“I think that the better solution for our kids, for online learning, would be for us to have the opportunity to develop our own content and our own teachers with expertise in online learning.”

– Jamie Burgess

Concerns over the virtual school model are not limited to just the furthest reaches of the Last Frontier either. Association of Alaska School Boards‘ Executive Director, Norman Wooten, says that AASB and the Department of Education and Early Development (DEED) have been in constant contact about this topic.

There is still a cultural concern statewide regarding the virtual school model from Florida.

“I think that we have the capacity from a number of school districts in the state of Alaska to offer the same program that is more culturally relevant to the kids in Alaska through a virtual or a homeschool distance-delivery model, for those parents who choose that, and for those schools who choose to supplement their face to face teaching with virtual.”

– Norman Wooten

Tammy Vanwyhe assures Alaska-based educators that the use of teachers from the Florida Virtual School Model is just a temporary measure and no Alaskan jobs are at stake.

“That’s just for the first phase – we’re calling them the ‘COVID classes,’ so these courses that basically cover the last nine weeks of the school year, and were meant to help fill in the gaps and provide resources to educators[…]”

– Tammy Vanwyhe

This model can, however, help students additionally maintain some level of normalcy in their educational tract. Students can potentially use this as a way to minimize their remedial needs.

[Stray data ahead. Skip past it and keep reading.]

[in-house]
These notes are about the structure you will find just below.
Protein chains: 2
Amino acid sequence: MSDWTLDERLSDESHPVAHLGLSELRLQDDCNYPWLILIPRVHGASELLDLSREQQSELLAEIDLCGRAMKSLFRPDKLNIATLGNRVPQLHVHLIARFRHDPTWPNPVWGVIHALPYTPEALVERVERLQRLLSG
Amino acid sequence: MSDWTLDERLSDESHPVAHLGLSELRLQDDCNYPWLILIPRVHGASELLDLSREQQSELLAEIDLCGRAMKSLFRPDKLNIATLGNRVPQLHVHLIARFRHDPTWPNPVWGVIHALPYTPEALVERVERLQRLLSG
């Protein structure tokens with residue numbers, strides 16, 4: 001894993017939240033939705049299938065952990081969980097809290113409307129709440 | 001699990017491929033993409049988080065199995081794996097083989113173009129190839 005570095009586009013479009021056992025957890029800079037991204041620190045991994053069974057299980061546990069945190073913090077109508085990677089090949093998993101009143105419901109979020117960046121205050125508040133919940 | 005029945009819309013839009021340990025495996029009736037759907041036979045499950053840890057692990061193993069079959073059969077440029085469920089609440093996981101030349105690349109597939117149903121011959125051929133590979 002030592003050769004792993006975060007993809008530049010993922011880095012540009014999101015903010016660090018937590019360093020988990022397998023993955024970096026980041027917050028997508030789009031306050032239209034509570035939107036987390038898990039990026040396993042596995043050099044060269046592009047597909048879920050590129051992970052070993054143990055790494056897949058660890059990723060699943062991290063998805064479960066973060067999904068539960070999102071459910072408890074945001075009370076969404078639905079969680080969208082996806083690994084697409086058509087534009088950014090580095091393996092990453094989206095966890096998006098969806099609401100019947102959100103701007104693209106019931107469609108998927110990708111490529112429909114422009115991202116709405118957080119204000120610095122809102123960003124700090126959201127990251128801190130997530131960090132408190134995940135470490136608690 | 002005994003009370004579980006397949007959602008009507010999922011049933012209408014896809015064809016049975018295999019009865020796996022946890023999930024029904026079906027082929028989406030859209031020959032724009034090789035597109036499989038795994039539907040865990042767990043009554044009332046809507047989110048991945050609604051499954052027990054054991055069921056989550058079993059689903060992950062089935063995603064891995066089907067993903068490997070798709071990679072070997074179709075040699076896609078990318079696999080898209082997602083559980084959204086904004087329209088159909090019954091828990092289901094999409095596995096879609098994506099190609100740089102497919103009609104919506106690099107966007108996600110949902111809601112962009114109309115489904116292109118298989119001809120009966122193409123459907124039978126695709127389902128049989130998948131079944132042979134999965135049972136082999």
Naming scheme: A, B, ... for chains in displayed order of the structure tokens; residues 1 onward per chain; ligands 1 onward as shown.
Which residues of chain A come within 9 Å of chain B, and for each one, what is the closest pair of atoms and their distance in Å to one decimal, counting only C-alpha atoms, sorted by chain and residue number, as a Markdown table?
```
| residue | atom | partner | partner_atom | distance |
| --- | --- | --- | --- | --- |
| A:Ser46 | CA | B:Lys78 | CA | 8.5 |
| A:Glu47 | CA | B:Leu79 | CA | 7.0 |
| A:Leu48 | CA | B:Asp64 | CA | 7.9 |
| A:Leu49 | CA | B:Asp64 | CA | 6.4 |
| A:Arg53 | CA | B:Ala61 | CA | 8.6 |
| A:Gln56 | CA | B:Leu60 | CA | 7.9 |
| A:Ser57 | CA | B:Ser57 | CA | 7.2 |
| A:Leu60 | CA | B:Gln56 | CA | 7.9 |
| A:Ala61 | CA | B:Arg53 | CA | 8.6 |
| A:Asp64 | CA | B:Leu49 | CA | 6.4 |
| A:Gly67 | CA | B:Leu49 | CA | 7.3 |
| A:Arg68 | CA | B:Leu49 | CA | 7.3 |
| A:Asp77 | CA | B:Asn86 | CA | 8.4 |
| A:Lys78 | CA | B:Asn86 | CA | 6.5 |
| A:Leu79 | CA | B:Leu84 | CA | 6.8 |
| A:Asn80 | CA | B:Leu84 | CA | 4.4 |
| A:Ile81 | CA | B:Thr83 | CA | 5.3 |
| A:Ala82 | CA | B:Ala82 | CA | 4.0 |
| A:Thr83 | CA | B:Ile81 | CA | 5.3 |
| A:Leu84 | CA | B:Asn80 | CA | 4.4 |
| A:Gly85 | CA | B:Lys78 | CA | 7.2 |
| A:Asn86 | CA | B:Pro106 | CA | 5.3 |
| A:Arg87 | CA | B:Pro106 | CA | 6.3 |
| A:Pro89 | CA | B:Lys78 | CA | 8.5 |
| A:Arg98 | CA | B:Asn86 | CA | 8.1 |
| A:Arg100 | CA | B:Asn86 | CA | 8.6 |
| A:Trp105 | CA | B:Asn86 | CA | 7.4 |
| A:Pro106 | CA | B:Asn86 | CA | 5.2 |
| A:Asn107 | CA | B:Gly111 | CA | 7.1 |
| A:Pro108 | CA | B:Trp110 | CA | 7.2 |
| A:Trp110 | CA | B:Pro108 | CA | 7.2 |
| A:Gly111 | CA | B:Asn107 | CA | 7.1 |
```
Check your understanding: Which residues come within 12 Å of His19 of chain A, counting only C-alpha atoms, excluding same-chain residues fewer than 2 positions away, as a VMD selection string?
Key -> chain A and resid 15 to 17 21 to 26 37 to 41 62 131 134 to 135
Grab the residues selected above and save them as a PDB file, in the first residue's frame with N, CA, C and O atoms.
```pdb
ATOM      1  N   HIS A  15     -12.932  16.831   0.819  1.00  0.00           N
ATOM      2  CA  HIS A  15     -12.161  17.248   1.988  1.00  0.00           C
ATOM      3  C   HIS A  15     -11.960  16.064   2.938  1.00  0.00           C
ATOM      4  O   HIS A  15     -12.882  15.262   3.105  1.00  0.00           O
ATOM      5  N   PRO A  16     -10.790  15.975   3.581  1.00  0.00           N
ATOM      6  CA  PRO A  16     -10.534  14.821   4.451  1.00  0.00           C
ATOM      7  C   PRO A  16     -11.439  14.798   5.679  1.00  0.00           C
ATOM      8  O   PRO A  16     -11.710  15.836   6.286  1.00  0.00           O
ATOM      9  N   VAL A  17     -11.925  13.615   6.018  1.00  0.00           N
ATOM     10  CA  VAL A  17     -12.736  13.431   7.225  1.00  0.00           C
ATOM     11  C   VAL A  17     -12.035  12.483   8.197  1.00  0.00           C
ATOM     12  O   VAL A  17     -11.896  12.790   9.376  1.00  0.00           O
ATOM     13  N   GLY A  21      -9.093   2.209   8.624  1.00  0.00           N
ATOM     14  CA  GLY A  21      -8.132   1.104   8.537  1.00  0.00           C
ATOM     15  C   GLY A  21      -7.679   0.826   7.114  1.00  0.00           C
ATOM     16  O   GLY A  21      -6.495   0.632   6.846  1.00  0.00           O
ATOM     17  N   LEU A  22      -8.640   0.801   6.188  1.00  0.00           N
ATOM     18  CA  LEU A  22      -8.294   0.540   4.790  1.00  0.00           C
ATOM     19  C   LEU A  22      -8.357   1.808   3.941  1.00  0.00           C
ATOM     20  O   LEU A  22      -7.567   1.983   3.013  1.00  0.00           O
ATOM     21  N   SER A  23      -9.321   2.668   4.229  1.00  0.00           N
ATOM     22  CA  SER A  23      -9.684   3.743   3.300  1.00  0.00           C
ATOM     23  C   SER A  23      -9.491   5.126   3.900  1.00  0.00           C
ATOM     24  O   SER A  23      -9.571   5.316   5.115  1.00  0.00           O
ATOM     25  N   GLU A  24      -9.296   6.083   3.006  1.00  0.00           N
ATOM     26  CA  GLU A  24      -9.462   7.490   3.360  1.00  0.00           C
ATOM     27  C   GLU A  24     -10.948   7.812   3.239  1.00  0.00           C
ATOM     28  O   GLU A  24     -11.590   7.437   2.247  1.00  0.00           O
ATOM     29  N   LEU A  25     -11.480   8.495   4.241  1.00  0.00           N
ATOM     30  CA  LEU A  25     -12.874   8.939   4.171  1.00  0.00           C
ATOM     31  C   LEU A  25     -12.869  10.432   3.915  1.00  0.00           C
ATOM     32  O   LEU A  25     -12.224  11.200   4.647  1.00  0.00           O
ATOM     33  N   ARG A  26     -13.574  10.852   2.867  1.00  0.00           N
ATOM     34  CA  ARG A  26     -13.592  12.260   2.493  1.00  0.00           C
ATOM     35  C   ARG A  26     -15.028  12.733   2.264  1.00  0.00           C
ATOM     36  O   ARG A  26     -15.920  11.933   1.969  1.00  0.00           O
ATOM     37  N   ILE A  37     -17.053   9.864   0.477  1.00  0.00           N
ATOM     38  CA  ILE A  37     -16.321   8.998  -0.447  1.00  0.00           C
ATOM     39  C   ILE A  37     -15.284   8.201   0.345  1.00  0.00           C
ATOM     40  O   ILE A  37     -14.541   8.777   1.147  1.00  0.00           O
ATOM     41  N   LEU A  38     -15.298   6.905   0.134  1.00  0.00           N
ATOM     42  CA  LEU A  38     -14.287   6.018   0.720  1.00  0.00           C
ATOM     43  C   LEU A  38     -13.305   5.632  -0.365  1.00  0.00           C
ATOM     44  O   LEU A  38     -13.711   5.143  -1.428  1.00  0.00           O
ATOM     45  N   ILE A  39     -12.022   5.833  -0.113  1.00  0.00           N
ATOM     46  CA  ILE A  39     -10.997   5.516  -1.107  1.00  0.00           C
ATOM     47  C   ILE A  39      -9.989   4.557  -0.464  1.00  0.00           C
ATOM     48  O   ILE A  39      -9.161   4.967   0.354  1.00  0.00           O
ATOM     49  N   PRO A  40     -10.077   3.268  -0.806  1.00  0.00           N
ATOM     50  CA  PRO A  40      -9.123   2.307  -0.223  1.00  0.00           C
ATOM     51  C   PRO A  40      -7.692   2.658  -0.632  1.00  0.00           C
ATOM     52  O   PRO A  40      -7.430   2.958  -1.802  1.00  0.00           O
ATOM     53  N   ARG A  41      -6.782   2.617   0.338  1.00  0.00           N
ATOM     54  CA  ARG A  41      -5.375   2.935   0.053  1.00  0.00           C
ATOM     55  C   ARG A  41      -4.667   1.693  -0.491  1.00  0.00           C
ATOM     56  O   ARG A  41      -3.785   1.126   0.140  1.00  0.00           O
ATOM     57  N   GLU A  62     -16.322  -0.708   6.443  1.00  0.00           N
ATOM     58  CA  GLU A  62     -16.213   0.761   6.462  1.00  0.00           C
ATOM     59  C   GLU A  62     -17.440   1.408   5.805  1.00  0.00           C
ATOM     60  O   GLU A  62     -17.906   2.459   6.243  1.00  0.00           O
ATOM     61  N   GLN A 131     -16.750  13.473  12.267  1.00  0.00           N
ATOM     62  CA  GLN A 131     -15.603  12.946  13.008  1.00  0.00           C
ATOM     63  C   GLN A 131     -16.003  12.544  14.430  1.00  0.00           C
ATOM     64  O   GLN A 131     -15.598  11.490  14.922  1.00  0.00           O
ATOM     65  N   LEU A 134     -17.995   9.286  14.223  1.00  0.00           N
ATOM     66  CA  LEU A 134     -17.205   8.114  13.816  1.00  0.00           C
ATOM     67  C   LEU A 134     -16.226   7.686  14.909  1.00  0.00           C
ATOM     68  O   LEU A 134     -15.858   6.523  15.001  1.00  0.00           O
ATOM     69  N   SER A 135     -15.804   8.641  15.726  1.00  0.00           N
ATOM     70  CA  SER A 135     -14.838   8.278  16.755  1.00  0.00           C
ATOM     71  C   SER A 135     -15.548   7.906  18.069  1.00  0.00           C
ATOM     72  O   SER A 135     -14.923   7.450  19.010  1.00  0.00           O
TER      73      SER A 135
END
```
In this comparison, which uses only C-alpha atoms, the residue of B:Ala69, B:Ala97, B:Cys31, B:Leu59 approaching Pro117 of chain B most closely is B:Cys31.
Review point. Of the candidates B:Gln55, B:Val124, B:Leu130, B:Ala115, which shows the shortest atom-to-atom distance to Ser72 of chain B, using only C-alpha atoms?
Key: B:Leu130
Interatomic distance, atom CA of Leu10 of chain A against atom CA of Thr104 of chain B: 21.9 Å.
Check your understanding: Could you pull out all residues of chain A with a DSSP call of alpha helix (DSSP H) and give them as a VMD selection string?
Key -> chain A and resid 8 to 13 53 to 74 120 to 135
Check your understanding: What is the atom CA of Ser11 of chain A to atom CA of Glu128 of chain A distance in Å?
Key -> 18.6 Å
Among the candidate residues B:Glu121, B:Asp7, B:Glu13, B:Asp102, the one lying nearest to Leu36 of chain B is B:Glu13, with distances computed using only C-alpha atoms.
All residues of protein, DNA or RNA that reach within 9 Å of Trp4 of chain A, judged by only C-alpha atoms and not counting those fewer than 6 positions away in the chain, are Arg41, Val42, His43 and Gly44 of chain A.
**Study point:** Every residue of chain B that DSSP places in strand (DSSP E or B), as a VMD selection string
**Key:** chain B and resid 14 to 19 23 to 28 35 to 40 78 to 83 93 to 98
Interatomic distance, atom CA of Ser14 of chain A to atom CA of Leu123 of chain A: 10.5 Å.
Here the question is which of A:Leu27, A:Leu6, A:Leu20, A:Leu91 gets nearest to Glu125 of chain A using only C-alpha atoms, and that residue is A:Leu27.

While the method for educating during the next school year is unknown, DEED plans to have Alaskan students fully taught by Alaskan teachers in the fall of the 2020-2021 school year. The department also notes that utilizing this virtual school program is optional, citing concerns for feasibility in schools in the Western half of the state. Here’s Nome’s Superintendent Burgess:

“I think if we look ahead to next year there might be some teachers that have an interest in developing those skills and maybe look at exploring ‘what can we do?’ There’s a lot of things we can do with the platform that we have available if we feel that there is a need or a desire for some students to look at more fully online classes.”

– Jamie Burgess

Choosing to not opt into the virtual school model will not negatively impact state funding for Nome Public Schools nor will there be state-instituted consequences. School districts and families have full autonomy to choose the distance delivery model they believe will be most effective going forward.

Based on KNOM’s conversations with various educators for this story, there seems to be potential confusion over enrollment. While other correspondence programs require students to un-enroll in their current schools to enroll in a virtual model, the Florida model can be used by a student in conjunction with their enrollment in a local, physical school.

Image at top: Nome Public Schools’ students using their newfound internet access to work on local school assignments. Photo courtesy of Kawerak and Rebecca Callahan, used with permission (2020).